All of Tom Petty's Record 28 Mainstream Rock Songs Top 10s

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Tom Petty and the Heartbreakers perform at DTE Energy Music Theater on Aug. 24, 2014 in Clarkston, Mich.  

The rock legend, who died Oct. 2 at 66, boasts the most top 10s in the Mainstream Rock Songs chart's history. Here's all of them.

Last week (on the chart dated Oct. 7), Foo Fighters rose to third place on the all-time list for the most top 10s on Billboard's Mainstream Rock Songs chart with their latest single, "The Sky Is a Neighborhood," the band's 24th top 10 on the tally.

The man that they're chasing? Tom Petty.

The legend, who died Monday (Oct. 2) at 66 following sudden cardiac arrest, racked up 28 top 10s among his 48 appearances on the chart, which began in 1981. In fact, he earned his first top 10 and first No. 1 (of 10 total) the same year, when "The Waiting" ruled for six weeks. (Below Petty, Van Halen ranks second with 26 top 10s, followed by both Aerosmith and Foo Fighters, each with 24.)

His presence on the chart even stretched across four different decades, when "I Should Have Known It" peaked at No. 40 on the chart dated July 3, 2010.

Here are Petty's record 28 top 10s (both solo and with The Heartbreakers), in chronological order.

"The Waiting," Tom Petty and the Heartbreakers, No. 1 (six weeks), beginning May 9, 1981: At the time, the song's six-week reign was the longest in the chart's relatively brief history, eclipsing the five-week command for The Who's "You Better You Bet." Sure, it was just the third No. 1 on Mainstream Rock Songs ever, but the distinction held through that September, when The Rolling Stones' "Start Me Up" embarked on its 13-week rule.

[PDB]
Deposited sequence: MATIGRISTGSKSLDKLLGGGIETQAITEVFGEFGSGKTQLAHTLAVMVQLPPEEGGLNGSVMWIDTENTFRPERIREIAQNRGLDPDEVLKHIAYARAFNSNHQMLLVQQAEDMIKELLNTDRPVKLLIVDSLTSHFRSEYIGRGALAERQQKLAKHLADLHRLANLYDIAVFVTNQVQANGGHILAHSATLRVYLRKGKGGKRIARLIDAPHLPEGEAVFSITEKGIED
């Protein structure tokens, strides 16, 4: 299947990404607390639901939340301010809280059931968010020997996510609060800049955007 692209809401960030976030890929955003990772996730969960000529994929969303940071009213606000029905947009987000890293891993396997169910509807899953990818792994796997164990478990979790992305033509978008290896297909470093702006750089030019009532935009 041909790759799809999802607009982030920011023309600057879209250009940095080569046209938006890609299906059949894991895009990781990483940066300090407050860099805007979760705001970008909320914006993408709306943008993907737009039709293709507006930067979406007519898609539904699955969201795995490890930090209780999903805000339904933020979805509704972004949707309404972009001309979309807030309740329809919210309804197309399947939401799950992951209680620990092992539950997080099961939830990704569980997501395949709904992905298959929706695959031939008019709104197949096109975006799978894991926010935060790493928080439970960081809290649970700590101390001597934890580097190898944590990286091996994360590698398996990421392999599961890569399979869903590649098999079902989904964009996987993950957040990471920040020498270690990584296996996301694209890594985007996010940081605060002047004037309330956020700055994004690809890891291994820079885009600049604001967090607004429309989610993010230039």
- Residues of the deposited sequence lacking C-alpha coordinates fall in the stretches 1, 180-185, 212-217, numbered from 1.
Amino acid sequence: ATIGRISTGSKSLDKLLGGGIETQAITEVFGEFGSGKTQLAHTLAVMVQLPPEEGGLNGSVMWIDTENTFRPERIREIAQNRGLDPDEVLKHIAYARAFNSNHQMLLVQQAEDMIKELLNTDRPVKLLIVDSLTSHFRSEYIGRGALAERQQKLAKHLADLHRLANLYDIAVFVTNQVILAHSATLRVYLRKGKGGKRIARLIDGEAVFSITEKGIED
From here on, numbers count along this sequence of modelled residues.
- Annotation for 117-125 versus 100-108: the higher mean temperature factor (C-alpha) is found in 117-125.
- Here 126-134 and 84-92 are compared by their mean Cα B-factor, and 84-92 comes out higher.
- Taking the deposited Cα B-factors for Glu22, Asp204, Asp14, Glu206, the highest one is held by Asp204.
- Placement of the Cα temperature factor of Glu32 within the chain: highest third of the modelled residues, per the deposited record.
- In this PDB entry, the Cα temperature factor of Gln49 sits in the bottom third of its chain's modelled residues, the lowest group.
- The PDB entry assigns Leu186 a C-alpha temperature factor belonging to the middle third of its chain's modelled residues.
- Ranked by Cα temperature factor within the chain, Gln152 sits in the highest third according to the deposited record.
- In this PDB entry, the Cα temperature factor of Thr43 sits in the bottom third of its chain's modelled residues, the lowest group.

"A Woman in Love (It's Not Me)," Tom Petty and the Heartbreakers, No. 5, July 18, 1981: The follow-up to "The Wanting" and the second single from 1981's Hard Promises allowed Petty to become the first act with two top five hits on Mainstream Rock Songs.

"Stop Draggin' My Heart Around," Stevie Nicks with Tom Petty and the Heartbreakers, No. 2, Aug. 29, 1981: It also stands as Petty's best rank on the Billboard Hot 100 (as well as Nicks' in a solo capacity), reaching No. 3.

"You Got Lucky," Tom Petty and the Heartbreakers, No. 1 (three weeks), Dec. 11, 1982: With "You Got Lucky," Petty became only the second act at the time to snag multiple No. 1s on Mainstream Rock Songs, following Foreigner.

"Change of Heart," Tom Petty and the Heartbreakers, No. 10, March 19, 1983: The song also became the seventh of Petty's 16 top 40 hits on the Hot 100.

"Don't Come Around Here No More," Tom Petty and the Heartbreakers, No. 2, April 6, 1985: Petty's first top 10 in two years (following four charted titles in between) was -- perhaps surprisingly, in retrospect, as it's a signature Petty song -- blocked from No. 1 by Eric Clapton's "Forever Man" for two weeks, followed by Simple Minds' "Don't You (Forget About Me)" for two more.

"Rebels," Tom Petty and the Heartbreakers, No. 5, May 18, 1985: The second and final top five from 1985's Southern Accents, "Rebels" is known as the song that caused Petty, frustrated at how its recording was going, to break his hand after punching a wall.

"So You Want to Be a Rock & Roll Star," Tom Petty and the Heartbreakers, No. 9, Jan. 25, 1986: This cover of The Byrds' 1967 top 40 Hot 100 hit became Petty's first live top 10 on Mainstream Rock Songs, released from 1985's Pack Up the Plantation: Live!